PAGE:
- WRF has a multi-file option where each subdomain, or MPI rank, reads and writes unique files. This was used for very large restart files and some of the pre-processing steps. The Blue Waters Lustre file system was able to open and read 145,920 restart files in 18 seconds for a 4560 node case.
Additionally, use of WRF’s auxiliary history output options to select only the output fields of greatest interest, thus reducing the volume of output considerably, was of great utility in our work.
Scalability of Hurricane Sandy run. Sustained performance in Tflops/second (y-axis, left) and parallel efficiency over base run on 8,192 cores (y-axis, right) are shown.
Forecast Analysis and Validation
The following figures show a comparison of the maximum radar reflectivity (a surrogate for precipitation) from the simulations at 3-km and 500-m horizontal resolution. In both simulations, a broad region of heavy precipitation is located on the west and southwest side of Sandy, and is organized in a region where warm moist northeasterly flow intersects a northwesterly surge of cold continental air (not shown).
Comparison of (a) 3-km and (b) 500-m horizontal resolution ARW simulations of maximum radar reflectivity (shaded according to the color bar in dBZ) verifying at 1500 UTC 29 October 2012.
The 500-m simulation is superior to that at 3-km because it shows the fine-scale linear structure of the convective precipitation bands, consistent with the available observations (not shown). The next images show a zoomed-in view of maximum radar reflectivity and 300-m wind speed within the inner-core of Sandy at 1800 UTC 29 October 2012. This zoomed perspective allows for examination of the full detail of the simulation, noting that the resolution of the simulation (7000×7000 grid points) exceeds the resolution of standard computer monitors by a factor of seven. Here we note the utility of ultra-advanced computational capability to represent the full range of scales spanning the storm-scale circulations down to fine-scale turbulent motions and individual cloud and precipitation systems.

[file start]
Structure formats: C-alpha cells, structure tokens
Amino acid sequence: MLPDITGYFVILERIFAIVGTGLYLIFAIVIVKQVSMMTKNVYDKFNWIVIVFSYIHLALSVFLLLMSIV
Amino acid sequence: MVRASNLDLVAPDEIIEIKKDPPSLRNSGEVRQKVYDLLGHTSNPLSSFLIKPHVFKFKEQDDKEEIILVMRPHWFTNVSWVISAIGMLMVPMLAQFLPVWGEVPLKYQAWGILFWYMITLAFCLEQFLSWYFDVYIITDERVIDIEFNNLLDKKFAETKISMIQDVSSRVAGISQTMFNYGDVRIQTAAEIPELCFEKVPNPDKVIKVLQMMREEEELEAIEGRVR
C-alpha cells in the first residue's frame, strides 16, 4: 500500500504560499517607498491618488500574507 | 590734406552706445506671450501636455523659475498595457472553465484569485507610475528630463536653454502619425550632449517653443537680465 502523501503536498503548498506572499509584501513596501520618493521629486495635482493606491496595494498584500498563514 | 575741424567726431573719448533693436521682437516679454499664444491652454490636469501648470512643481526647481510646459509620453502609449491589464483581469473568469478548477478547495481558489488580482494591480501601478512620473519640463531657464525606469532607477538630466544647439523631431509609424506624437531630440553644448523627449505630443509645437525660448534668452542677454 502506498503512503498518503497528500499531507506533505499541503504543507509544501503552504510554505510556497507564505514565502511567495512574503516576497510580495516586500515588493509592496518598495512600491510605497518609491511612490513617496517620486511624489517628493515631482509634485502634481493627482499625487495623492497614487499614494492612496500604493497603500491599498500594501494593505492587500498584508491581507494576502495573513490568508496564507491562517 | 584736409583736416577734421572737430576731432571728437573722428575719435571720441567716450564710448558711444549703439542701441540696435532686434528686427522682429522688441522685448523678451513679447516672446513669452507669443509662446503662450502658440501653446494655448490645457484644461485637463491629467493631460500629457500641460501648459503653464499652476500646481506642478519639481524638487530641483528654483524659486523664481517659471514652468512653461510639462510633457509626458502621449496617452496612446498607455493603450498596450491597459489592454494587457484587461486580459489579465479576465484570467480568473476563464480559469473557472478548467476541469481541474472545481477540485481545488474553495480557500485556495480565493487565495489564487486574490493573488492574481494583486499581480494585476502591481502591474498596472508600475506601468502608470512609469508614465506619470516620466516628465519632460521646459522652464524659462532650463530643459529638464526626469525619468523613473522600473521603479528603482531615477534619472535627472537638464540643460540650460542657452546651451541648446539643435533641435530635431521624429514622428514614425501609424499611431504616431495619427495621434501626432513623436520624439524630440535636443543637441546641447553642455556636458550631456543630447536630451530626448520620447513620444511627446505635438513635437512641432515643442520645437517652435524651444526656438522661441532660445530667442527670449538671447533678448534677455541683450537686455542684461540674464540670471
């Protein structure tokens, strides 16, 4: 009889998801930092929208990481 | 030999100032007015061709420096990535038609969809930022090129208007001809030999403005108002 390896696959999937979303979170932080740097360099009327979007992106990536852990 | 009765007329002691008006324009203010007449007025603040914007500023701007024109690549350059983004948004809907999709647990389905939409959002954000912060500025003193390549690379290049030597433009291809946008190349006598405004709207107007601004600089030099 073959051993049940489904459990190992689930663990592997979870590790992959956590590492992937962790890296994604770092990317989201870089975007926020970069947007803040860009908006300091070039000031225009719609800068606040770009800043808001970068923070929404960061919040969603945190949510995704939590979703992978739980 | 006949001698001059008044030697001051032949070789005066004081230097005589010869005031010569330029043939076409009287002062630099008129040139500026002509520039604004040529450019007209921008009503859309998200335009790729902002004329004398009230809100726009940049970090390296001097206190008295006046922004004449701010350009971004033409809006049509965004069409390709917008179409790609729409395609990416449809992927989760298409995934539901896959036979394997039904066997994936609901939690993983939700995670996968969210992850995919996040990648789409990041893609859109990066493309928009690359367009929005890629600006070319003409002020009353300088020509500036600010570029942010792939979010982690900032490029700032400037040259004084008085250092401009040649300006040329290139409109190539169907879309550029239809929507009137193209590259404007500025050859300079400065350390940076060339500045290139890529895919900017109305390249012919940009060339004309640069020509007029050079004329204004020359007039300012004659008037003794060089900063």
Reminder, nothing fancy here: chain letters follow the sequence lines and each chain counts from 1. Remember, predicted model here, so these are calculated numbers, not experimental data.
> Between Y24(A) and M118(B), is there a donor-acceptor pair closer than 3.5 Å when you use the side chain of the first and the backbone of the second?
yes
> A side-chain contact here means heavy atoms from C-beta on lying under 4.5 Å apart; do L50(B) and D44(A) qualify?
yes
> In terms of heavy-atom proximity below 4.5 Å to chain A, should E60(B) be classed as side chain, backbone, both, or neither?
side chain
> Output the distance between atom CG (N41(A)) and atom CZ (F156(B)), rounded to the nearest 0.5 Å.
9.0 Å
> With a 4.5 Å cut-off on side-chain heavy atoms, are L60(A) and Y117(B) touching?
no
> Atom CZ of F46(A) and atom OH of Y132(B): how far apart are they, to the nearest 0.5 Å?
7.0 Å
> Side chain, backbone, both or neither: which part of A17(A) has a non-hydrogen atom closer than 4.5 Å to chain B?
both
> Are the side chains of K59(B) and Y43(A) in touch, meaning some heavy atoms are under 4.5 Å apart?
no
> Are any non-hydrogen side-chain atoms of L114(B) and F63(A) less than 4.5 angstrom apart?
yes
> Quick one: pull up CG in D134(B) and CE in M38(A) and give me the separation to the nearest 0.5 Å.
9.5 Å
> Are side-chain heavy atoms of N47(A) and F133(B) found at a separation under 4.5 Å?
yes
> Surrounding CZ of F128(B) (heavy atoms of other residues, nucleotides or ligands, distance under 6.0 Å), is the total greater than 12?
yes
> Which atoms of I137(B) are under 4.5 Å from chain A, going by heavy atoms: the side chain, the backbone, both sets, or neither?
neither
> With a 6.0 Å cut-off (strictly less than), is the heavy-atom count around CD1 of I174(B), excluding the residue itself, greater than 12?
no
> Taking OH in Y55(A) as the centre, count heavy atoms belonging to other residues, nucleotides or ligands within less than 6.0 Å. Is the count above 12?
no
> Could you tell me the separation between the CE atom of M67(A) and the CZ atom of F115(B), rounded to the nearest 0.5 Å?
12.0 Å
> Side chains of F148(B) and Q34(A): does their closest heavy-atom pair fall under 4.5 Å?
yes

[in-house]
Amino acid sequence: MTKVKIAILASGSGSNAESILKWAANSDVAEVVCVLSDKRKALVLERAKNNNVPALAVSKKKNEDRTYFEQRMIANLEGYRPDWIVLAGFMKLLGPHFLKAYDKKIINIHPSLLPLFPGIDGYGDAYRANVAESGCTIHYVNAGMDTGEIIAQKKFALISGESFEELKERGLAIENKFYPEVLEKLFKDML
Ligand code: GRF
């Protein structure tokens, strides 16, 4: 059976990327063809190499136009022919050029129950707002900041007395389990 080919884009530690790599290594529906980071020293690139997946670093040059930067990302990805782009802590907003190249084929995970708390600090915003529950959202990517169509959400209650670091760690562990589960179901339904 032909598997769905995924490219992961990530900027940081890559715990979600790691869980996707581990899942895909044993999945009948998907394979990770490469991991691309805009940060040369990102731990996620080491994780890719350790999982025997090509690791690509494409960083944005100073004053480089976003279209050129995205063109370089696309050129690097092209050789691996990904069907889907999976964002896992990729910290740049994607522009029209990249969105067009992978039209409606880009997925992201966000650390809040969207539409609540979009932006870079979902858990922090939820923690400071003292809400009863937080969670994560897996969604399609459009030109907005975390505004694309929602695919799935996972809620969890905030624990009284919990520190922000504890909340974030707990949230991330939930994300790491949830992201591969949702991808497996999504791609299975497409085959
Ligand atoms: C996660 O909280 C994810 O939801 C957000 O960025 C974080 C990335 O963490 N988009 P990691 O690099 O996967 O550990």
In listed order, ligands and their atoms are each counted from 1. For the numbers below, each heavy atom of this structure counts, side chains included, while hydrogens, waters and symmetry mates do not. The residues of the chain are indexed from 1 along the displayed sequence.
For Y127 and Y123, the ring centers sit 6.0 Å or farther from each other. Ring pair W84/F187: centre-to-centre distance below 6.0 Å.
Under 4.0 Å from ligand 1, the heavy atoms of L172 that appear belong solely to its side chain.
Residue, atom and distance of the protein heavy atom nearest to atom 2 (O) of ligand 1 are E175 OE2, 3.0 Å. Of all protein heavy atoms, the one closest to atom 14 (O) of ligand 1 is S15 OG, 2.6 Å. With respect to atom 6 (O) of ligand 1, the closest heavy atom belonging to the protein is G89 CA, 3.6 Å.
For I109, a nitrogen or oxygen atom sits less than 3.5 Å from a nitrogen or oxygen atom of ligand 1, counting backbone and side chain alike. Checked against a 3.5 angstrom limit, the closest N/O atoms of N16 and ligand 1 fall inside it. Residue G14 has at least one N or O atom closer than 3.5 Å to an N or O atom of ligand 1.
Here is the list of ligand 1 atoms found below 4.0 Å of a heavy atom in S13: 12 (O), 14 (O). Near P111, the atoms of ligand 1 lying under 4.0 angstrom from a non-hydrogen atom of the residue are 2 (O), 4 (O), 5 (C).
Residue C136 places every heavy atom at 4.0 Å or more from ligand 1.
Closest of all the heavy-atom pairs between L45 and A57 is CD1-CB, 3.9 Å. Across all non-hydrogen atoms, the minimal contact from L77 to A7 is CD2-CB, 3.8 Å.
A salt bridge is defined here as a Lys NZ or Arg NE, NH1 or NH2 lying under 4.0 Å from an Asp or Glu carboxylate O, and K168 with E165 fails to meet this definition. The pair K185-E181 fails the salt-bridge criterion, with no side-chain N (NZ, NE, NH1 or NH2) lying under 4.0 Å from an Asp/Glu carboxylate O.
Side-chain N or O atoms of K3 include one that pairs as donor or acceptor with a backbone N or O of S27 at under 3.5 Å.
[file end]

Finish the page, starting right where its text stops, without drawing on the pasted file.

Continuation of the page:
500-m ARW simulation of (a) maximum radar reflectivity (shaded according to the color bar in dBZ) and (b) 300-m wind speed (shaded according to the color bar in m s−1) verifying at 1800 UTC 29 October 2012.
The model accuracy for predicting such key output fields as rainfall, pressures, wind speeds, and storm track was graphically validated against actual atmospheric measurements from the storm using NCAR’s VAPOR software suite. Given recent advances in accessing and displaying large volume geophysical datasets as exemplified by the VAPOR software, it is now possible to view the full temporal evolution of numerical simulations and predictions of atmospheric and other geophysical systems. Examples of the advanced visualizations of Hurricane Sandy with VAPOR can be found at:
The results of this research will be presented at the Supercomputing conference this month in November. See the conference agenda here:
Cutting Edge Forecasting
NOAA has initiated the ten-year Hurricane Forecast Improvement Project (HFIP), which is evaluating a variety of modeling approaches, exploring the feasibility of real-time fine-scale hurricane projections. Its enhanced Hurricane WRF model (HWRF) is already being run in real time at a somewhat smaller scale. In a collaborative effort involving NOAA’s Hurricane Research Division and Environmental Modeling Center, Cray , NCSA, and NCAR, this code is already being run on Blue Waters to conduct performance studies at scale with grid nesting never before possible. Results are already promising that coming years’ hurricane seasons will be able to incorporate much finer detailed real-time forecasts generated by these simulations. The team is also exploring high resolution simulations with the Office of Naval Research ONR using the COAMPS model.
Peter Johnsen is a performance engineer and meteorologist with Cray, Inc. Peter’s expertise is optimizing environmental applications on HPC systems.
Mark Straka specializes in performance analysis of scientific applications on the Blue Waters system at the National Center for Supercomputing Applications.
Melvyn Shapiro, Alan Norton, and Thomas Galarneau are research meteorologists with the National Center for Atmospheric Research and are studying many weather phenomena, including Hurricane Sandy’s unique nature.